Sunday, October 18, 2015
Your Second MN DWI Offense
A lot of people that I have worked with - as an experienced Minnesota DWI Attorney - have said: "I will never drink and drive, again." And then ... "Again" happens. The State of Minnesota's Drunk Driving laws makes it clear that repeat drunk driving offenders will encounter harsh penalties.
If you hated your first trip to court for a DWI ... you're really going to his like Round 2. According to the Minnesota Department of Public Safety, law enforcement arrest in upwards of 30,000 people every year for driving while intoxicated. Upon conviction, these people face both criminal and civil/administrative offenses. The public saftey department asserts that people with multiple DWI offenses, over a 10-year period, could encounter the following consequences from a criminal perspective:
For a second offense in which the person’s blood alcohol concentration was under 0.16, the defendant could face a fine of up to $3,000 and up to serving one-year in jail.
For a second offense in which the blood alcohol concentration was at or above 0.016, or for any third offense, the defendant could receive a gross misdemeanor charge that carries with it up to a year in prison and up to $3,000 in fines.
For any fourth offense, a defendant will be charged with a felony and face up to seven years in prison and up to a $14,000 fine.Criminal DWI convictions will remain a part of people’s records for the rest of their lives.
This can have a serious effect on finding employment and suitable housing, especially when the charge is a felony. Convicted felons also lose some of their constitutional rights, such as owning firearms.
The above-listed penalties give judges some leeway when handing down a sentence. When there are aggravating factors present, an offender could face the mandatory minimum penalties available under the law. For example, a second DWI offense alone may be classified as a 3rd Degree Gross Misdemeanor. However, if a child was in the vehicle, the crime, while still categorized as a gross misdemeanor, could lead to a second degree DWI charge and cost you your vehicle. Additionally, if the defendant caused an accident that led to property damage or the serious injury or death of another person, prosecutors could bring more severe charges.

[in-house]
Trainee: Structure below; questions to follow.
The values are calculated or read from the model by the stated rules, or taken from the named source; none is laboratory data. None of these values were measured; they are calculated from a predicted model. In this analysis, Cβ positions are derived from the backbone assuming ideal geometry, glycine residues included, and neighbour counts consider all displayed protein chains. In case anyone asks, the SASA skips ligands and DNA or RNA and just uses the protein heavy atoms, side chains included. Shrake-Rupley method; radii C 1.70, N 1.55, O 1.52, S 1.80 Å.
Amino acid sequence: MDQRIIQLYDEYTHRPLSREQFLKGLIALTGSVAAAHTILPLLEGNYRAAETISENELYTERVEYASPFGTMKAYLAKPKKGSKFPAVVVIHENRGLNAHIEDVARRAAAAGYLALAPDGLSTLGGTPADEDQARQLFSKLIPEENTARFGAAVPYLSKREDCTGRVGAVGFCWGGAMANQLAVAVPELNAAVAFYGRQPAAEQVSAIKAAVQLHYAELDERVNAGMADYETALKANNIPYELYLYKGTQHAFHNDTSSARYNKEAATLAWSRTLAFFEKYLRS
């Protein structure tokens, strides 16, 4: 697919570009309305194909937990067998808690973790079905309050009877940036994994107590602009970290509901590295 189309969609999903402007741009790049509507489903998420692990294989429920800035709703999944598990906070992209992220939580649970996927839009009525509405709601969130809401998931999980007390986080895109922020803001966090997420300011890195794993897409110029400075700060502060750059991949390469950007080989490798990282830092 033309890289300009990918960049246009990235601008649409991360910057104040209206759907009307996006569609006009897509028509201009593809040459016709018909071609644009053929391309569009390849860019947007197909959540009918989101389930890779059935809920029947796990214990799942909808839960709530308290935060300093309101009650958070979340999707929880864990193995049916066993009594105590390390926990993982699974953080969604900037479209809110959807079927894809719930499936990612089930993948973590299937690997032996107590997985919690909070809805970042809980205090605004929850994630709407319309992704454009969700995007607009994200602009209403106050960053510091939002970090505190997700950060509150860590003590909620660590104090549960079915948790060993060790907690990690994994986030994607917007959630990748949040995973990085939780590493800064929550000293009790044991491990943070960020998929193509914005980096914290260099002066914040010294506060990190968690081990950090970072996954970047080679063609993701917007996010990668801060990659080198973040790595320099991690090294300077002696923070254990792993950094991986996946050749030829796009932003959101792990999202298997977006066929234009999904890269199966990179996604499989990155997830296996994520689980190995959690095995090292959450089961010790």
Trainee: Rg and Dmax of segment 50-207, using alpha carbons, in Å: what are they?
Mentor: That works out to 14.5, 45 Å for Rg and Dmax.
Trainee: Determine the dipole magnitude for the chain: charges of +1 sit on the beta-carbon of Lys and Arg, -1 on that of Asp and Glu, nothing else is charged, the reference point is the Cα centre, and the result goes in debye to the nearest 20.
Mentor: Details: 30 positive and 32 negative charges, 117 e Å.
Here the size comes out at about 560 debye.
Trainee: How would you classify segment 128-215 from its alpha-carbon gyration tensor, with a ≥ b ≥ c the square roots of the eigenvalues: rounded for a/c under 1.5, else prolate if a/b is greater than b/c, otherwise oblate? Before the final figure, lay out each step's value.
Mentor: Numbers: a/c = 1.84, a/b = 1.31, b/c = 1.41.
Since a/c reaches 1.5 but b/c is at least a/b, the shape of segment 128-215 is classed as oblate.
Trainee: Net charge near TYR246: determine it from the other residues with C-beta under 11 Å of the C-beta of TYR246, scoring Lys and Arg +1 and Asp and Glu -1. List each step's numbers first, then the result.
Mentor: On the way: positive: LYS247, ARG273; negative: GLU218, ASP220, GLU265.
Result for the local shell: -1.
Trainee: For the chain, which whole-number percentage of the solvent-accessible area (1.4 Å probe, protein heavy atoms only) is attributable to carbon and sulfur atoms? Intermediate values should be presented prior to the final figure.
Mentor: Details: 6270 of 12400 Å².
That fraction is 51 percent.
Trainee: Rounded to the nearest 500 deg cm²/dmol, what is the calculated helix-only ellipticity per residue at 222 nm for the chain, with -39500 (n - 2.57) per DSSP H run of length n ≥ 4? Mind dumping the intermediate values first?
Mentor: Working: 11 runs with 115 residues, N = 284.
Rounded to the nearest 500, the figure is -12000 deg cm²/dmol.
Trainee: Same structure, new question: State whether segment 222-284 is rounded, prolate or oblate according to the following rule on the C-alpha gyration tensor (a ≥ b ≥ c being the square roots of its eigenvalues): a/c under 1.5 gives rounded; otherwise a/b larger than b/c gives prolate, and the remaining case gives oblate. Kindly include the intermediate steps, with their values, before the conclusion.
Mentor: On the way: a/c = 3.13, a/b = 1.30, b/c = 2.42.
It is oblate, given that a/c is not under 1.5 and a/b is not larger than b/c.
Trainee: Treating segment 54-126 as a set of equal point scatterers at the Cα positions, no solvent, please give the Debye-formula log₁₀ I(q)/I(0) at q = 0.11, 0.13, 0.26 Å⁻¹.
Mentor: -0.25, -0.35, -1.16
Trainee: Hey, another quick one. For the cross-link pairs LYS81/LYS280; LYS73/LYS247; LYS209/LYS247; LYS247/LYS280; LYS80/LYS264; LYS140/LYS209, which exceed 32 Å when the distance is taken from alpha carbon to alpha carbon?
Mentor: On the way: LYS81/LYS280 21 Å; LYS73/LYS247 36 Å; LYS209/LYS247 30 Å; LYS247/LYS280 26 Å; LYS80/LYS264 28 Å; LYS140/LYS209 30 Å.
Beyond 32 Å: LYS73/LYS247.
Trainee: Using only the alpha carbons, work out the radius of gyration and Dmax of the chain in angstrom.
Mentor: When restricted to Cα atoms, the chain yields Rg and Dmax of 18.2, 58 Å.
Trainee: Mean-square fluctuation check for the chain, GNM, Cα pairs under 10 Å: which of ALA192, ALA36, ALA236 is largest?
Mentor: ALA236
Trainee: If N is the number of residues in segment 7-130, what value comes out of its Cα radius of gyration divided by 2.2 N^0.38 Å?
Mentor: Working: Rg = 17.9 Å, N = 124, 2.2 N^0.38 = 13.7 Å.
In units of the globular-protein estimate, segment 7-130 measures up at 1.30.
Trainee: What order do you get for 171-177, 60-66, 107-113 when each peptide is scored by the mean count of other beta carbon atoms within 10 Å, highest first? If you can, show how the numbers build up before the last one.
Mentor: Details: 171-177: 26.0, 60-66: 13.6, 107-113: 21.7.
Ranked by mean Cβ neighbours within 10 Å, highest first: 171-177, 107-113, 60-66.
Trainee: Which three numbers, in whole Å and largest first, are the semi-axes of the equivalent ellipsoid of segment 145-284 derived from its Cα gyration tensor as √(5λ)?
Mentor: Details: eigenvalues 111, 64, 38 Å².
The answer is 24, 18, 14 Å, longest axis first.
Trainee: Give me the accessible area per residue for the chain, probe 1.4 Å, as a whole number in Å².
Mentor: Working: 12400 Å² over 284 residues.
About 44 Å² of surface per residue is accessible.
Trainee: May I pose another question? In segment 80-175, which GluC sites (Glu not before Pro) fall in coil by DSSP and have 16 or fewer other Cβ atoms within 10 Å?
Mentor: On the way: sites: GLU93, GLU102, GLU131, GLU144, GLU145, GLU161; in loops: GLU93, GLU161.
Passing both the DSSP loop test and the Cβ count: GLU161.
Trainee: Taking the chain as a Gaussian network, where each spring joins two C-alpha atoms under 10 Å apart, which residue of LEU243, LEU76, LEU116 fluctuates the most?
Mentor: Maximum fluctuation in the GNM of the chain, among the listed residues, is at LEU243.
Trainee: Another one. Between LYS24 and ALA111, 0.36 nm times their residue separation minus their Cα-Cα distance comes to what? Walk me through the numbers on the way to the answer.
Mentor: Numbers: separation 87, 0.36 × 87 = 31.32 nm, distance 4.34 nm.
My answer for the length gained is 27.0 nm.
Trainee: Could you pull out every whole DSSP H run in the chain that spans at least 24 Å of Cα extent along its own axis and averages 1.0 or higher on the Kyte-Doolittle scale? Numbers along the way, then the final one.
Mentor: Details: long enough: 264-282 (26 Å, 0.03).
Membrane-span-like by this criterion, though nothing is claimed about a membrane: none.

Minnesota’s implied consent law dictates that anyone who is arrested on suspicion of drunk driving must submit to a chemical test of either the blood, breath or urine. The test will be administered within two hours of the time someone was last driving. Refusing to take the test will have consequences, including automatic revocation of the driver’s license.Just like the above penalties, the repercussions of refusing a test grow more serious with multiple offenses. Someone with no prior convictions faces a one-year's long license revocation. However, anyone with prior convictions will have to add that one-year time-frame to any current license restrictions.
As anyone who has been through a DWI knows ... the consquences do not end in the courtroom with criminal sanctions. In fact, for some people, the civil/administrative penalties for DWI can be far more inconvenient. According to the DPS, anyone convicted of multiple DWI charges will have to forfeit their motor vehicle and their license plates will be impounded.The administrative penalties for people with two drunk driving offenses are based on their blood alcohol concentration. For those with a BAC of less than 0.16, they may choose between an ignition interlock device installed on their vehicles and a restricted license for one year, or a total loss of driving privileges for that timeframe. A BAC of 0.16 or over merits the same choices but extends the timeframe to two years.
As an experienced MN DWI Lawyer, I have observed individuals who have three DWI convictions have their driver's licenses cancelled because they have been deemed “inimical to public safety.” To get back to driving, these people often have to enroll in a treatment facility. And ... they will have one year of a limited license with the use of an ignition interlock. After treatment completion, they will have two years of an ignition interlock with a restricted license.
If you or someone you love needs help with another DWI charge, please call The Rolloff Law Office to set up a FREE CONSULTATION: (612) 234-1165